Bill Buckner came to the big leagues as a headstrong kid who could outrun everything except self-doubt and hobbled out of the game under the longest shadow a simple ground ball ever cast. But it was between the poles of his career, when Los Angeles was in his past and no one knew what awaited him in Boston, that the essential Buckner emerged as he defied the melancholy that draped Chicago’s Wrigley Field like funeral crepe every September.

There were no pennant races for the Cubs teams he played for in the late ’70s and early ’80s, no roaring crowds to hail his refusal to surrender to the franchise’s then-dreary tradition. The days grew shorter as futility set in relentlessly, and anyone in need of a nap could find plenty of room to stretch out in the bleachers. “It’s like somebody turns off the electricity every August 31st,” Buckner once told me, but he would have none of it. A heart the size of his didn’t come with an off-switch.

So when I heard the news that Buckner had died yesterday at age 69, my first thought was not of Mookie Wilson or World Series victory denied. It was of Buckner stepping to the plate wearing the dirtiest Cubs uniform on the field. He stares out at the pitcher from beneath eyebrows that are the perfect complement to his bushy mustache. Wrigley is still without lights, and the fading sunshine mocks the grease that he has smeared beneath his eyes to cut the glare. Maybe that’s why the pitcher in my memory tries to sneak a fastball past him. But reasons count for nothing in baseball. Only results do.

Buckner lashes a line drive to left-center field, the sort of shot that was his calling card for 22 big league seasons. Scuttling out of the batter’s box with a ruined ankle begging for mercy, he’s hunched over, almost crab-like, yet hell-bent on ringing up another double. And when he slides safely into second base, he has done more than spit in the eye of the Cubs’ lost season. He has offered us a symbol of everything we should treasure about him as a baseball player.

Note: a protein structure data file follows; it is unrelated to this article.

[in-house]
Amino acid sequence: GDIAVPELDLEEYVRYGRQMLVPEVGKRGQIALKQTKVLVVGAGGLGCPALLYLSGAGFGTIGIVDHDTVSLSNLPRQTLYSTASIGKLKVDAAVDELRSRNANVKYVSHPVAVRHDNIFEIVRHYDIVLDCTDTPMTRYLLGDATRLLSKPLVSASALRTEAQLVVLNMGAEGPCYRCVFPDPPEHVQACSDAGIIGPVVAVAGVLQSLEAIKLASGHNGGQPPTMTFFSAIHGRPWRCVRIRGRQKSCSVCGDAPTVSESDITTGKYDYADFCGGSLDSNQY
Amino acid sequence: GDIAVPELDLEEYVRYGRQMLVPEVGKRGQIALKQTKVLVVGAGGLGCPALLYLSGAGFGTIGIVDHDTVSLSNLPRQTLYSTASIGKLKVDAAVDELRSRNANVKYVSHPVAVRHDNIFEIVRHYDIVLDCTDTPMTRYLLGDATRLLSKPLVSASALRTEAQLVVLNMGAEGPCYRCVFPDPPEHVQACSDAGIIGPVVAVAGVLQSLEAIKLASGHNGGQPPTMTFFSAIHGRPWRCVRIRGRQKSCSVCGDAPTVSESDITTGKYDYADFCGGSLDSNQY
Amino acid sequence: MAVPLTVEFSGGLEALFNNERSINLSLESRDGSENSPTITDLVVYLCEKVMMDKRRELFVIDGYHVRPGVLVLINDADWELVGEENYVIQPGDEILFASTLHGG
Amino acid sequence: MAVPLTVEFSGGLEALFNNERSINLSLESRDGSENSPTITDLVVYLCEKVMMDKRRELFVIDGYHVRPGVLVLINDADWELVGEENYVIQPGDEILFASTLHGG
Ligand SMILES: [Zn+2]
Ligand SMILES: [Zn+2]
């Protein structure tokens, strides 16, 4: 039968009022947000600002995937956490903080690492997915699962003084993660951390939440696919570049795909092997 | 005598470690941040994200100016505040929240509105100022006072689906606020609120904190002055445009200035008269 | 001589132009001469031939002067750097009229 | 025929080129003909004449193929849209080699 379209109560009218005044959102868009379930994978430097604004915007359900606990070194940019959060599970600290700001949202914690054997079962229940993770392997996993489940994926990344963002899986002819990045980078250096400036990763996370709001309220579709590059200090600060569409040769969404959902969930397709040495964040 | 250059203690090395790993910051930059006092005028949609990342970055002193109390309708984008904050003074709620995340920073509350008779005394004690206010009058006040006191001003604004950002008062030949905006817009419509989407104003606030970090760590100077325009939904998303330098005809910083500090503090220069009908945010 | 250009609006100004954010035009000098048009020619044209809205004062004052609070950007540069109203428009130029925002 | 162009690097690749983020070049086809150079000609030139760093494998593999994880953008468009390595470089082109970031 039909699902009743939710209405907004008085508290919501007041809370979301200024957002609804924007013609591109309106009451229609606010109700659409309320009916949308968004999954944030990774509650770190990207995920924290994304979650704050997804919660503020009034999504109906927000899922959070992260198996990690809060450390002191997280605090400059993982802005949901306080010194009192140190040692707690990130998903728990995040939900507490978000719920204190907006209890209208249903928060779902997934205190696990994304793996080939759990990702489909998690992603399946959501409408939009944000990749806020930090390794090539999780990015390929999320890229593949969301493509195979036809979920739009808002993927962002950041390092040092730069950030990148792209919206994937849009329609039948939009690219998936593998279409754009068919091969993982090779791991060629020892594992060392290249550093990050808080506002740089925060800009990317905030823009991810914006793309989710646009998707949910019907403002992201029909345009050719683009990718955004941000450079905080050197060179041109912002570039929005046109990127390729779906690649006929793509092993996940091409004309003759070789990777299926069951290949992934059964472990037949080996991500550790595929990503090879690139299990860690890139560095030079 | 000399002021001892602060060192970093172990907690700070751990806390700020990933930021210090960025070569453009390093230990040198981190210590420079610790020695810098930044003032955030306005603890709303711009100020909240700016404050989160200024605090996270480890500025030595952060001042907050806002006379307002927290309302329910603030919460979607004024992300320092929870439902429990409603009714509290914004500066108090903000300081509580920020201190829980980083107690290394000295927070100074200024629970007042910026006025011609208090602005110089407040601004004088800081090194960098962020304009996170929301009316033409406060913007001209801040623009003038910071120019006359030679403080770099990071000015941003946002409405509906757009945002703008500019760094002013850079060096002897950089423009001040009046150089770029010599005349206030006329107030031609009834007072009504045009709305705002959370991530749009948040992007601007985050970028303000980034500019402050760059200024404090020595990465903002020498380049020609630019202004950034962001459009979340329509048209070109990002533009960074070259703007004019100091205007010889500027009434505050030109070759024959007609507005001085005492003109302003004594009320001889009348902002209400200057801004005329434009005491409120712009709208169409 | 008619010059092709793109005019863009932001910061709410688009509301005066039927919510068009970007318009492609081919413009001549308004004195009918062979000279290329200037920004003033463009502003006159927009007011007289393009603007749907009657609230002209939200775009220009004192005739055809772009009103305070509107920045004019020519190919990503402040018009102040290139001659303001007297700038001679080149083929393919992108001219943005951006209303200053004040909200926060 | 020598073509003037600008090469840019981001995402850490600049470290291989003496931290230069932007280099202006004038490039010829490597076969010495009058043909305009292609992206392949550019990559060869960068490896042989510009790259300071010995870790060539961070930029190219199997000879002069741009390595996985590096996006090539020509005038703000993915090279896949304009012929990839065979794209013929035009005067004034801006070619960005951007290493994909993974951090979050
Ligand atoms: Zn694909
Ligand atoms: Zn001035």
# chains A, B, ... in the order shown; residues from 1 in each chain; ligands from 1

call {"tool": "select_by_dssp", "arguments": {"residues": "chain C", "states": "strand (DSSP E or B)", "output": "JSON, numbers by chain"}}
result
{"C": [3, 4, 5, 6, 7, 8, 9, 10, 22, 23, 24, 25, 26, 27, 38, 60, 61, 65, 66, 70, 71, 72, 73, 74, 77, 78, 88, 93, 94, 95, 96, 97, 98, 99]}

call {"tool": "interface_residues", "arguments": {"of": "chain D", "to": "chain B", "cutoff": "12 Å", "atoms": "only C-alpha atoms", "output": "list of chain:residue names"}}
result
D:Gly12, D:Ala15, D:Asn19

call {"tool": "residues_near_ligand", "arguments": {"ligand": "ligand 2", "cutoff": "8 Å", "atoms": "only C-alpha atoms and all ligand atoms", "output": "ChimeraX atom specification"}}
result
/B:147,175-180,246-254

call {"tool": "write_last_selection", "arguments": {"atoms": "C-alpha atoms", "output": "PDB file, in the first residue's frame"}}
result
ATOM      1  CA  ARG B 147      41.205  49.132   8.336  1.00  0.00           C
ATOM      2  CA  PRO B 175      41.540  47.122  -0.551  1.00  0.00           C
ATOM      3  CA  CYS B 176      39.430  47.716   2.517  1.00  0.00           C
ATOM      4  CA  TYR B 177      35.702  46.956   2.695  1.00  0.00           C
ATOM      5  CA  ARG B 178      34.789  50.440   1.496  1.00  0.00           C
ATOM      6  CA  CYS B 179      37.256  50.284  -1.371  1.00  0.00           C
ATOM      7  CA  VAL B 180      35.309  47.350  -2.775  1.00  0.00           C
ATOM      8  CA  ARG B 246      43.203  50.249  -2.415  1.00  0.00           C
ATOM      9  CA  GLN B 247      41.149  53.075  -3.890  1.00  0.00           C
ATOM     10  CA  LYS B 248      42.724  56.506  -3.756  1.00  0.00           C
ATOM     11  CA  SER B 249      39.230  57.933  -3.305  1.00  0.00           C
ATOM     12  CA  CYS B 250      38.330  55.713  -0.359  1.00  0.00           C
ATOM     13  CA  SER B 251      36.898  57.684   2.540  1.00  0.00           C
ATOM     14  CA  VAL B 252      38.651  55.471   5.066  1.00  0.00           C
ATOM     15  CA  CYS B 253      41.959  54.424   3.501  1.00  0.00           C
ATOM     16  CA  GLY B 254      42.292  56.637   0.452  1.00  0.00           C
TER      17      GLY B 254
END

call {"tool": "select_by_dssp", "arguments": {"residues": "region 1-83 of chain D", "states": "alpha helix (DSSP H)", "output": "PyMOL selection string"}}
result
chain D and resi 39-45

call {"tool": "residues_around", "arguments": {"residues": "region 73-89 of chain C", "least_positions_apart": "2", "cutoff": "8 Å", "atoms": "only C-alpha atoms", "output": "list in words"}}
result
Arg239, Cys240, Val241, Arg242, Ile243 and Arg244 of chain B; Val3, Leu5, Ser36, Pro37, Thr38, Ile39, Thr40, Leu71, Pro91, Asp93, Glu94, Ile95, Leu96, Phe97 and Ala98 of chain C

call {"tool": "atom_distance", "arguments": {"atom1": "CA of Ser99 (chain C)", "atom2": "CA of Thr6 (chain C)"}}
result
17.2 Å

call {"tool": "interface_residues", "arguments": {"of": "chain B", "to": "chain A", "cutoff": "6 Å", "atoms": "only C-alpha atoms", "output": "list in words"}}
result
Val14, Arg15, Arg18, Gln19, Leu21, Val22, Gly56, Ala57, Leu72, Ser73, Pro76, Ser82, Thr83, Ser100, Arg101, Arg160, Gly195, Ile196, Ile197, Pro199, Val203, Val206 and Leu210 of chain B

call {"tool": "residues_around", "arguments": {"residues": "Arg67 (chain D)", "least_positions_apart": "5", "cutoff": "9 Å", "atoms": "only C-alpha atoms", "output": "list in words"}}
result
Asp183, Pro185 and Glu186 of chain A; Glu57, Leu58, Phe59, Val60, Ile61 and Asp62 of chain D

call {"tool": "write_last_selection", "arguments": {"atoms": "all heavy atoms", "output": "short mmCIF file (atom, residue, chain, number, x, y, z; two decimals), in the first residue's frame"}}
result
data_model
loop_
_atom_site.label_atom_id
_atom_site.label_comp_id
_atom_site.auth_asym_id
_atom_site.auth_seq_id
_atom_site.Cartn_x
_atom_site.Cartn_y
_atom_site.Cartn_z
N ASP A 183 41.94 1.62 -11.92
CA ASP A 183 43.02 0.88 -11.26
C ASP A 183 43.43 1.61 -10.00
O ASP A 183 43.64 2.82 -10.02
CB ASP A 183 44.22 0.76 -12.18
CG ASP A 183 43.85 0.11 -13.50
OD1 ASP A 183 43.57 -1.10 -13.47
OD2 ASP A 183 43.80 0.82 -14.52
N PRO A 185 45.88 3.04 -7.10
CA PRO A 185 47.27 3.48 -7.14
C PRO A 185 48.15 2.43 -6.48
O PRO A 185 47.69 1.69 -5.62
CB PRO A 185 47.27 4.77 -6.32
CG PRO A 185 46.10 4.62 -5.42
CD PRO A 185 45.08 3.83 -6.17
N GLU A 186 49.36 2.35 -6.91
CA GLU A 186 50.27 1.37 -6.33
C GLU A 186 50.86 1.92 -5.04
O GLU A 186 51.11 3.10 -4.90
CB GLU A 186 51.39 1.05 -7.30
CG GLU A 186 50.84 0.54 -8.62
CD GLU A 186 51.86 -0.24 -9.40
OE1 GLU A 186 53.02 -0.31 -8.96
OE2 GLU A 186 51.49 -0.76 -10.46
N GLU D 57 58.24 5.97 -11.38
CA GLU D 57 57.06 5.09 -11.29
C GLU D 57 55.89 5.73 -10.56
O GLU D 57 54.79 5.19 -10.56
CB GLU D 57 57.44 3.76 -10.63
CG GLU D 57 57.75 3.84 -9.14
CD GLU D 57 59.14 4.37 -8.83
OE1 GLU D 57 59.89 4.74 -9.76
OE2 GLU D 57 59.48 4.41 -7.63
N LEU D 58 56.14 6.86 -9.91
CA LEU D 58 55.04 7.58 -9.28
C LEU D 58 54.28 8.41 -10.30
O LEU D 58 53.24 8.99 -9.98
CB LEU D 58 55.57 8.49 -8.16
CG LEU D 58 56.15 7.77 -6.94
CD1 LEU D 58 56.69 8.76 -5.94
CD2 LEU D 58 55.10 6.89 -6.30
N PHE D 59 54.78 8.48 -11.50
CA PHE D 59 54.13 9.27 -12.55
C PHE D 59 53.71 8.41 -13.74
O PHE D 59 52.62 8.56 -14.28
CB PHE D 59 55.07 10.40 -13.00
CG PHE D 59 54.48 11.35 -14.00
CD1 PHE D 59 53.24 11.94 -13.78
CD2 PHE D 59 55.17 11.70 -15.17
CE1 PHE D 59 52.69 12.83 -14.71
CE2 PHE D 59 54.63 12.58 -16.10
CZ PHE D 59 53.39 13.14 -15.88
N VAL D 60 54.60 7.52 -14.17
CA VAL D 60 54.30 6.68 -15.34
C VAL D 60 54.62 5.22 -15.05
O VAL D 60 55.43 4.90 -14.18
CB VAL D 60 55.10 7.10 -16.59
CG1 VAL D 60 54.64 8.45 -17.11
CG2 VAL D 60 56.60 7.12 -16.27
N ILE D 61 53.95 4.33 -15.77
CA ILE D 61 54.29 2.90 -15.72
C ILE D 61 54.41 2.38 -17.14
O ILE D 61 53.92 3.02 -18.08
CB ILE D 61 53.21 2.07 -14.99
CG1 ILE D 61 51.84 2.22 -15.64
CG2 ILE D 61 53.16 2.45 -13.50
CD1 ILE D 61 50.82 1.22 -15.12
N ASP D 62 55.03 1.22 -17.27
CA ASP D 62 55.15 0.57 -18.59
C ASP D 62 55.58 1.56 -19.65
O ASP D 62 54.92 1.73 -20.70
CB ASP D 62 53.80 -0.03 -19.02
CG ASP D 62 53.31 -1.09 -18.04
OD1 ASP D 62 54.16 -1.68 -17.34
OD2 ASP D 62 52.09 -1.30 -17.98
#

There are statistics involved, of course. What would the grand old game be without them? In the case of William Joseph Buckner, he won the 1980 National League batting championship with a .324 average. He also led the league in doubles twice, and then moved on to Boston, where he hit 46 of them in 1985 and somehow managed not to lead the American League. He drove in more than 100 runs once with the Cubs and twice with the Red Sox. When you realize that 18 home runs were the most he ever hit in a season, you come to understand just how tough he was in the clutch. And one other thing: in his youth with the Dodgers, when he had yet to go under a surgeon’s scalpel, he stole as many as 31 bases.

Add up all the numbers and you will find that he batted .289 for his career while pounding out 2,715 hits. That’s more hits than Ted Williams, Joe DiMaggio and about 70 percent of the other sweet swingers in the Hall of Fame. And Buckner played in more games than Babe Ruth, Rod Carew and Willie Stargell. You can look it up: 2,517.

That’s not to say Buckner was better than any of the legends mentioned above. He wasn’t. But to paraphrase what an admiring A.J. Liebling once wrote of a boxer who was never a champion, he was as good as a ballplayer can be without being a hell of a ballplayer.